Mr Daniel Marfo, Vice President Africa, Zipline delivery service, says
the company plans to revolutionise healthcare delivery in Africa using drones.
Marfor made this known to the News Agency of Nigeria (NAN) during a facility tour to Zipline facility in North Ridga, Ghana.
He said that the major healthcare delivery challenge facing almost all countries, particularly those in developing world like Nigeria, was access to medical commodities.
According to him, in cases where medical products are available in good quantities, there is the usual challenge of even distribution of such life-saving commodities to hard-to-reach communities.
“This is one of many reasons why many health facilities in remote areas, especially those cut off by bad roads and river bodies will have to refer patients to the city centres for health services or in some cases, patients resorting to self-medication, which could come with dire consequences,” Marfor said.
The Zipline vice president said that the company planned to roll out across the world in order to remove all the barriers associated with the delivery of medical commodities to health facilities.
He said: “The company has built unmanned aerial drones to deliver medical commodities such as blood products to those who need them the most. This is a bold and revolutionary system.”
Speaking about the safety features of the drone since it commenced operation, he said Zipline drones are equipped with all the safety features one can think of.
He said besides the fact that the drone is unmanned, it has all other qualities of an airplane, two batteries, wings, and two propellers.
According to him, one of these is always redundant and comes in handy in the rare chance the other fails.
Marfor said: “The drone can only fly planned routes approved in advance by national aviation authorities, so it can’t be used by anyone outside of Zipline or sent somewhere it is not supposed to be.
“And when a drone in flight encounters extremely bad weather or any technical fault for which the drone cannot continue on its route, it deploys its inbuilt parachute, making it safe to land at its present location while at the same time communicating to the operators at the distribution site to retrieve it.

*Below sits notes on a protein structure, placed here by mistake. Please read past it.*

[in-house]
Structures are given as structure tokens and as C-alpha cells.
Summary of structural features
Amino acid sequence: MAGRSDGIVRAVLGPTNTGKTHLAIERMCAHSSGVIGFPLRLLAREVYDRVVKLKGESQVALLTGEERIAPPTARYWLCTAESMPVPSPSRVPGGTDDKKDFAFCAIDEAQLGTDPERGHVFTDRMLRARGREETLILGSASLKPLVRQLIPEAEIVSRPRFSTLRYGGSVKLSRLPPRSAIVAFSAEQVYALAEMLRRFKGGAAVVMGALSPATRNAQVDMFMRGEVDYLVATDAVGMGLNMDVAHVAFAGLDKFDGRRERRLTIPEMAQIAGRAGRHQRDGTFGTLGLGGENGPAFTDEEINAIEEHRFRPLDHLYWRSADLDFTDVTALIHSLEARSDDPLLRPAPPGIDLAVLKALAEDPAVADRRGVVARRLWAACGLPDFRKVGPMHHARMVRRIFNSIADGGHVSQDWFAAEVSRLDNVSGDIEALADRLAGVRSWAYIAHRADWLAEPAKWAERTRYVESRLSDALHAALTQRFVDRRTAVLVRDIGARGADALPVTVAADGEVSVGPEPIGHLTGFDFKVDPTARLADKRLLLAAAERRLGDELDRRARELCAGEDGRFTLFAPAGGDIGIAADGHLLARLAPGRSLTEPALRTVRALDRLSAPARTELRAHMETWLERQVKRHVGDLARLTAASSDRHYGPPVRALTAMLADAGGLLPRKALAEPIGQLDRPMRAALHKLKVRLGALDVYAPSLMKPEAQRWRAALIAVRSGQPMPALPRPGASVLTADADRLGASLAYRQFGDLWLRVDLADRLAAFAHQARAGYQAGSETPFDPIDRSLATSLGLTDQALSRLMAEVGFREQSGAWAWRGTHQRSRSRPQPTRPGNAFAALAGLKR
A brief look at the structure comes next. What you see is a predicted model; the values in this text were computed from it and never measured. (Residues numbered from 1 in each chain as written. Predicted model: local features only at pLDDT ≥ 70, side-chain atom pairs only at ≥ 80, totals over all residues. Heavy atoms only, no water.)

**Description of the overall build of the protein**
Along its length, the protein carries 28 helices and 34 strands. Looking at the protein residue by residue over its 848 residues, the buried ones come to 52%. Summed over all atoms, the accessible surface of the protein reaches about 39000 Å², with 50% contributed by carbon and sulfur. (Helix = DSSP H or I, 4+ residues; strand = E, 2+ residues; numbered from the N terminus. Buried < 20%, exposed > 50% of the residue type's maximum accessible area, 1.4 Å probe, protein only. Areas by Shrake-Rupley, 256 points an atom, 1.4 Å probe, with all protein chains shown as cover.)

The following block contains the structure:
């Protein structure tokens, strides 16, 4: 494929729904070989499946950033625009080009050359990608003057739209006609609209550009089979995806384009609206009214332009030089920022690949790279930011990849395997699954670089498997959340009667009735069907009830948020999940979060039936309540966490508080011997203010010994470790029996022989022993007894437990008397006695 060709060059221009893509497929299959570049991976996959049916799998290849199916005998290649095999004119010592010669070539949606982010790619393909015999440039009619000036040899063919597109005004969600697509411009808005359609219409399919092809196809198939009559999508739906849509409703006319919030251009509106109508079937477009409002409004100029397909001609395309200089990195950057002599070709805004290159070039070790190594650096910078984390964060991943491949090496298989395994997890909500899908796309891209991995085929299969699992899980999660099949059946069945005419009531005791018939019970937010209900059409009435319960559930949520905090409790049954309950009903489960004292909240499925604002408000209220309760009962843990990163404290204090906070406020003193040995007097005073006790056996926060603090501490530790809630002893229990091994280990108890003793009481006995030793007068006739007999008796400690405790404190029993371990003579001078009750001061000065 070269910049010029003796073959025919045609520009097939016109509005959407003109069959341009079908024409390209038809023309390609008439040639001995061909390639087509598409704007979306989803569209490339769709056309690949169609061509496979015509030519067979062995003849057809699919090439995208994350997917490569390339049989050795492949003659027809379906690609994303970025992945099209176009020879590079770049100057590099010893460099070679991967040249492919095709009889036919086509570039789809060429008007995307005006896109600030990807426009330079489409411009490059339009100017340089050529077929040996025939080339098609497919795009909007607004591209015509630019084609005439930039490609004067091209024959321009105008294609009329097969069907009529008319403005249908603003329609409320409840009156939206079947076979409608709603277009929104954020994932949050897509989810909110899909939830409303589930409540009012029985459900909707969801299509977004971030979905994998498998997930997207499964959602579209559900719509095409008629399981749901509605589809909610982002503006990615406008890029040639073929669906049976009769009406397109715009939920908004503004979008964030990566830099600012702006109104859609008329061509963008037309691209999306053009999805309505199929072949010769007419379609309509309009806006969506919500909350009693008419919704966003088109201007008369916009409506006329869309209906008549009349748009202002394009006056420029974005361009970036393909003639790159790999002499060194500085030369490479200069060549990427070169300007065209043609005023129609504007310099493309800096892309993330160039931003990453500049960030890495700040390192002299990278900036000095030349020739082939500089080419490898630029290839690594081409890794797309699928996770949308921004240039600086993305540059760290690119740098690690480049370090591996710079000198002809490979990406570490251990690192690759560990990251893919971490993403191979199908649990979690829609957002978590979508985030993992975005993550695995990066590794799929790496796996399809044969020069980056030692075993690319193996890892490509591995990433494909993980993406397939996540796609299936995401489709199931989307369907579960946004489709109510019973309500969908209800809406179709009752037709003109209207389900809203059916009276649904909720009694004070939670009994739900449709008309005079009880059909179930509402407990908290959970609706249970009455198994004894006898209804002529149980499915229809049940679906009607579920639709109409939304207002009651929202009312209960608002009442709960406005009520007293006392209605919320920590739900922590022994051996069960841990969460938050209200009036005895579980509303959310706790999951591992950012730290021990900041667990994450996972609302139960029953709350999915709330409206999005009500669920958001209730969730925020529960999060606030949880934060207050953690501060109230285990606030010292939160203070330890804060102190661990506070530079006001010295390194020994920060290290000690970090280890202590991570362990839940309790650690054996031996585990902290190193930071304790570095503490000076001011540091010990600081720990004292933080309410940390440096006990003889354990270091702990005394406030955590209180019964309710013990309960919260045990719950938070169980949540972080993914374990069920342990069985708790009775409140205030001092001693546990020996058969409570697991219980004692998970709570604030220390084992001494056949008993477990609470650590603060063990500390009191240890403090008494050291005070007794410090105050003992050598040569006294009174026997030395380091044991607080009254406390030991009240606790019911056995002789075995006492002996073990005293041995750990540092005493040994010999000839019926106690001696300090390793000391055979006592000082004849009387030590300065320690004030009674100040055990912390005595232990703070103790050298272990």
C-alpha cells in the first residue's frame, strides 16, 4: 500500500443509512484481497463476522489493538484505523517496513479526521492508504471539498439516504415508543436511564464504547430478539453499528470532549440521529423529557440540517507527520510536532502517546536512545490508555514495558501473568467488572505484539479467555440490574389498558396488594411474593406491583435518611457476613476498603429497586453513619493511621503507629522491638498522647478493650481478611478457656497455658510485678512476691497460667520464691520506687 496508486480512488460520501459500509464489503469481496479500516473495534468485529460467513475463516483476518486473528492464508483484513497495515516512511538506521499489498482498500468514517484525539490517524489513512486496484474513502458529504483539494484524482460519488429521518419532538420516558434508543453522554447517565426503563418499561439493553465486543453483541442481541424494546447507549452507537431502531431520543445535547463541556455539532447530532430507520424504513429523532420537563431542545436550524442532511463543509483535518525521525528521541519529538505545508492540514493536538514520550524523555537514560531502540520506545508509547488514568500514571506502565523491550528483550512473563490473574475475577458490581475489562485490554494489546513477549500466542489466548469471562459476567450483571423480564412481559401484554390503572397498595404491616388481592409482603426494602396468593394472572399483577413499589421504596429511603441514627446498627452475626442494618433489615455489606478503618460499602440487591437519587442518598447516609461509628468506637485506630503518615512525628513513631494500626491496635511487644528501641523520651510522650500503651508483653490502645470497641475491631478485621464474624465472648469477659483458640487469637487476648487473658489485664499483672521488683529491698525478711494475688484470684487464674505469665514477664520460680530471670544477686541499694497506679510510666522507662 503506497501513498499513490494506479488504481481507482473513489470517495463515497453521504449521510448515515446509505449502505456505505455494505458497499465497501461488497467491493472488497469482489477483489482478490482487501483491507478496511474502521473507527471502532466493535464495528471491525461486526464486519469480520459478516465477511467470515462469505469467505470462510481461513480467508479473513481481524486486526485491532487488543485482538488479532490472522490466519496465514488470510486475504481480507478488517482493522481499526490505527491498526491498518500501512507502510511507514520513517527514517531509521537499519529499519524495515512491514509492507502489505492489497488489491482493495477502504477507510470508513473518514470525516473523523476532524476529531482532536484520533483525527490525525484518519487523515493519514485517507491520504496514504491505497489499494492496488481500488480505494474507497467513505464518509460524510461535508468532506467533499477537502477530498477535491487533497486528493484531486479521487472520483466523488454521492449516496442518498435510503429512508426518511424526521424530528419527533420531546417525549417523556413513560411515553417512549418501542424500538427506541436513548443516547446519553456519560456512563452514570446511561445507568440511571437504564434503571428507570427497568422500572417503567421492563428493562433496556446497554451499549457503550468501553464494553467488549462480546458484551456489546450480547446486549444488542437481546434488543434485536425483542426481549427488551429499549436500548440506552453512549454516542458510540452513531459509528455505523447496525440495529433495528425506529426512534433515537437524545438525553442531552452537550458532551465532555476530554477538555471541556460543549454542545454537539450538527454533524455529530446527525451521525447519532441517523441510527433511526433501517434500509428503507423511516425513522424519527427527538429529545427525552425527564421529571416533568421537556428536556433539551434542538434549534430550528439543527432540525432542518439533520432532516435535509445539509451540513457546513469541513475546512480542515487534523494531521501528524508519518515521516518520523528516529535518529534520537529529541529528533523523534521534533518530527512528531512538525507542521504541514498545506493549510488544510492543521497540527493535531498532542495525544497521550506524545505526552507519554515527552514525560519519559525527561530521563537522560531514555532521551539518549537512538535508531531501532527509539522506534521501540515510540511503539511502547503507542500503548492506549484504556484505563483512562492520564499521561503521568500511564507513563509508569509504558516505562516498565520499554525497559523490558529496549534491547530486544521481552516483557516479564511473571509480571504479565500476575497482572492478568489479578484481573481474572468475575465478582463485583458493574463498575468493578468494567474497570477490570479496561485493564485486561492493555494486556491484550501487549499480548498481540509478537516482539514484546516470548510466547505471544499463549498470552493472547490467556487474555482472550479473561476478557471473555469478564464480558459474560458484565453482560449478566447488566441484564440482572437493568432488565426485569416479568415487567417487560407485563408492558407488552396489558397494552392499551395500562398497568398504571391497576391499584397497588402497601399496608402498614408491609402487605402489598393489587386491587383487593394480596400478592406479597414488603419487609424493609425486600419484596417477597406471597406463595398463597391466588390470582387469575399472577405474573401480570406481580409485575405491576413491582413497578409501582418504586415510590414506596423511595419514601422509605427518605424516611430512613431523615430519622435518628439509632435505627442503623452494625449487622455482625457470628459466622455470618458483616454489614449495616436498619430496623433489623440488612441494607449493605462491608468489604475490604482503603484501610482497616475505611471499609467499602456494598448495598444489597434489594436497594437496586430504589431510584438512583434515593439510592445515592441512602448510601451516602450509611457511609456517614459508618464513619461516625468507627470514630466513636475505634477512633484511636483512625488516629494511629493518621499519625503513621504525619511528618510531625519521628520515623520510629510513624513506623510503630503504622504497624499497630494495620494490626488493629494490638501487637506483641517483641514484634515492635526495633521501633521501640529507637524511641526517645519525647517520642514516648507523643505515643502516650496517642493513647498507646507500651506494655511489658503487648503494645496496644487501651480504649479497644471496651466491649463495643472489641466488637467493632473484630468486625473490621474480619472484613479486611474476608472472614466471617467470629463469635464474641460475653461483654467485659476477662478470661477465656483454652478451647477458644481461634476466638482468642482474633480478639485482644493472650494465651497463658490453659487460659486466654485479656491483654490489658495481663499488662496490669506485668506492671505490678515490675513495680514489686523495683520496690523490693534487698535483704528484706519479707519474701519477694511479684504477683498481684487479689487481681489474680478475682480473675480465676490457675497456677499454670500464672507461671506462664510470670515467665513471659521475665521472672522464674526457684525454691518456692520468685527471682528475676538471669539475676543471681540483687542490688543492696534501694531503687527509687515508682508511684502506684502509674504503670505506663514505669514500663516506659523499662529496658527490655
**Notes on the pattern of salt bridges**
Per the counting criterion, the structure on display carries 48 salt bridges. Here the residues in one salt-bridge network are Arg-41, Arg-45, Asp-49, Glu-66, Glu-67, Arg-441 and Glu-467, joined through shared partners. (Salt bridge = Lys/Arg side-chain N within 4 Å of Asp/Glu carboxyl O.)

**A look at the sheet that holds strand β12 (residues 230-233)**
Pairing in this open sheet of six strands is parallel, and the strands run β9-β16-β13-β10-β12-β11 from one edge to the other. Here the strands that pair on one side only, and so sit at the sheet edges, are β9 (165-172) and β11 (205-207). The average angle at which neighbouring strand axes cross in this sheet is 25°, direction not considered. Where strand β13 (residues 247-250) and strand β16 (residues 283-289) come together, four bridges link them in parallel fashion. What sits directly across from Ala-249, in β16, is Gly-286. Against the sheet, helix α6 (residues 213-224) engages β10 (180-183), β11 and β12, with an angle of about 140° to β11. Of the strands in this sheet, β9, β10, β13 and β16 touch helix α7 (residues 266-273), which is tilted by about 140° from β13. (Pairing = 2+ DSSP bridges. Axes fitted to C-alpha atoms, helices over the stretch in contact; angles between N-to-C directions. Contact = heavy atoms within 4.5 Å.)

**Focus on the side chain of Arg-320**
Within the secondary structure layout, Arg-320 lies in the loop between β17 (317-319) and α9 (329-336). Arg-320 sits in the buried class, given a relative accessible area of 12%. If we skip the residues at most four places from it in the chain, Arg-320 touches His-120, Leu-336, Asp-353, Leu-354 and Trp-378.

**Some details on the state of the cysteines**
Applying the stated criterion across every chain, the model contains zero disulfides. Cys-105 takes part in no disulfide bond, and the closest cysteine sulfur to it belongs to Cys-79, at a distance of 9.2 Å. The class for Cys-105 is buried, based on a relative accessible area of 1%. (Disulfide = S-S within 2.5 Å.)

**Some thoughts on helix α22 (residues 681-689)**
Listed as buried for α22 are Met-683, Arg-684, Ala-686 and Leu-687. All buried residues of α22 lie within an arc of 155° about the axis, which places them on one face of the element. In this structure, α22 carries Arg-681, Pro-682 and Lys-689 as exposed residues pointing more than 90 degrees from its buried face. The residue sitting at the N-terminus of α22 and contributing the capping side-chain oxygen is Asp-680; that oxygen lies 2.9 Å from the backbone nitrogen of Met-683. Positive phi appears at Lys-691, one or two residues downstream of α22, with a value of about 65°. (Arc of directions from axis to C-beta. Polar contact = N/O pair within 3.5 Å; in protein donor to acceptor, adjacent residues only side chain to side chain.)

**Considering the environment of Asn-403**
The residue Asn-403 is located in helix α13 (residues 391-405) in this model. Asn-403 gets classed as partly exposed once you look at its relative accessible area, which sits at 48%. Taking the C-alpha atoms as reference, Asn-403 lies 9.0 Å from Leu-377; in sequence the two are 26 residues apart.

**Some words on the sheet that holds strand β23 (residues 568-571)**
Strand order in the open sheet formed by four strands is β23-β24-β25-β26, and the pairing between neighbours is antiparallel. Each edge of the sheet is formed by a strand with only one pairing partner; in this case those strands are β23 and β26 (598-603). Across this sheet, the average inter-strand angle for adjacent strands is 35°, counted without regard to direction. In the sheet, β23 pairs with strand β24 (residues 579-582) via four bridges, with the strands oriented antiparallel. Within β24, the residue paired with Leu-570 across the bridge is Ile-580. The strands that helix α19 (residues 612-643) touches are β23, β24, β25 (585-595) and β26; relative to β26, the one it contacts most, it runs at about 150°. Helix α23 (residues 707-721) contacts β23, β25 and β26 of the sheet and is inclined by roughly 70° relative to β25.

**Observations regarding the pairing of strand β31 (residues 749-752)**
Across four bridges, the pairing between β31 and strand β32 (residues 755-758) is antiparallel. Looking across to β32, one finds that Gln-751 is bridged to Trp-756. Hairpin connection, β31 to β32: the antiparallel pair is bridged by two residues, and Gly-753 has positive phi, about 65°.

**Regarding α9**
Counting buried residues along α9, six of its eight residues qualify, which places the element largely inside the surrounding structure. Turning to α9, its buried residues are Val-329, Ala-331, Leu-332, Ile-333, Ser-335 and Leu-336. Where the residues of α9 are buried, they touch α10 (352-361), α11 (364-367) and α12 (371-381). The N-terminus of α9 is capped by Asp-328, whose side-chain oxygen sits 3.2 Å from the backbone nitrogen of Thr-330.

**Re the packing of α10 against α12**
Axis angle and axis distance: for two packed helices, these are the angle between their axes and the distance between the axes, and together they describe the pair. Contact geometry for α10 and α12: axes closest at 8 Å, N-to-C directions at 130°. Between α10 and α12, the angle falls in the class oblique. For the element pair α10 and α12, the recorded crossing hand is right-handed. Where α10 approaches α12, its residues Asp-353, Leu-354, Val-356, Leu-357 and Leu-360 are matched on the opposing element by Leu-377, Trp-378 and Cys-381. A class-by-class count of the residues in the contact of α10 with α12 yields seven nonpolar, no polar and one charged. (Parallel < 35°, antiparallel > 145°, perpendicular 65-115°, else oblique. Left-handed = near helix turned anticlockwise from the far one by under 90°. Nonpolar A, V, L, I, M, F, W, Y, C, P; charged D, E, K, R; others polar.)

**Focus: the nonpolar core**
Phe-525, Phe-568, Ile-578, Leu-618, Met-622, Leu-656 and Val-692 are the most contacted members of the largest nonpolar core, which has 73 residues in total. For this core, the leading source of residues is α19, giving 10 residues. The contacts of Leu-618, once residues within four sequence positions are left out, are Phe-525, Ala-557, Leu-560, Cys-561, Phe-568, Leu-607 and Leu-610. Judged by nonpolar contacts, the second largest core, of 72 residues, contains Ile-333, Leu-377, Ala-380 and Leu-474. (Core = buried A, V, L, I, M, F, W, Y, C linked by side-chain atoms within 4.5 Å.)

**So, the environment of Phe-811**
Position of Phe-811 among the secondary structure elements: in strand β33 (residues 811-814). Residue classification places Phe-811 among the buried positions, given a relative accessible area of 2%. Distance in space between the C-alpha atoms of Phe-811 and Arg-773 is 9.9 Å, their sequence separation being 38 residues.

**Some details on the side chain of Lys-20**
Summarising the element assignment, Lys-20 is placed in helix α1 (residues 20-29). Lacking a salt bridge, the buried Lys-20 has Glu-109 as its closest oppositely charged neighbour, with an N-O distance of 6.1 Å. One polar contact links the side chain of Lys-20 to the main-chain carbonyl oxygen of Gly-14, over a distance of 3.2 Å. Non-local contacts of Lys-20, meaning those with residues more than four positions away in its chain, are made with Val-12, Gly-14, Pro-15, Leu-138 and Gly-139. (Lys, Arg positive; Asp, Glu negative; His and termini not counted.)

“The drones are also able to fly in all kinds of weather; both day and night.
“The good news is that Zipline works hand-in-hand with all the in-country regulators to get the necessary permit and clearance before they start operations.
“The Civil Aviation Authorities also approve the flight routes and, if they want to, every fight before their takeoff.
He recalled that Zipline’s journey in Africa started when the government of Rwanda took the bold decision to be part of the early adopters of the company’s technology to deliver blood commodities to communities that are far from the city centres and thus hard-to-reach.
“Through a simple WhatsApp message, SMS or call from an approved health worker to the Zipline delivery center, a staff is able to package the requested medical commodity and have it deployed to the requesting facility within minutes.
“Within 45 minutes, we are able to deliver to the farthest location within our distribution radius.
“And this is a distance that by road could take as much as four hours depending on the road conditions.
Marfo said that the company’s success story in Rwanda was what attracted the Ghanaian government to invite Zipline to set up a similar operational facility in Ghana.
“Today, Ghana hosts four of the company’s medical drone delivery services, which many say is the biggest in the world in terms of capacity for daily delivery.
“On average, 400 emergency medical products are delivered from the four distribution centers to over 300 hospitals, clinics or health centers in about seven regions of Ghana.
“These numbers translate into the number of lives saved as many of the medical commodities are critical and life-saving and mostly needed in emergency situations.
“As the entire world looks for solutions to equal access to COVID-19 vaccines to all parts of their communities, Ghana is leveraging the capacity of medical drones to deliver COVID-19 vaccines to health facilities in remote areas on-demand.
“Ghana, thus, is the first country worldwide to use medical drones to deliver both COVID-19 samples and vaccines to test centres and health facilities respectively.
“The concern of building cold storage facilities was no more on the table as Zipline already has those facilities and deliver exact numbers as required in a given minute,” he added. (NAN)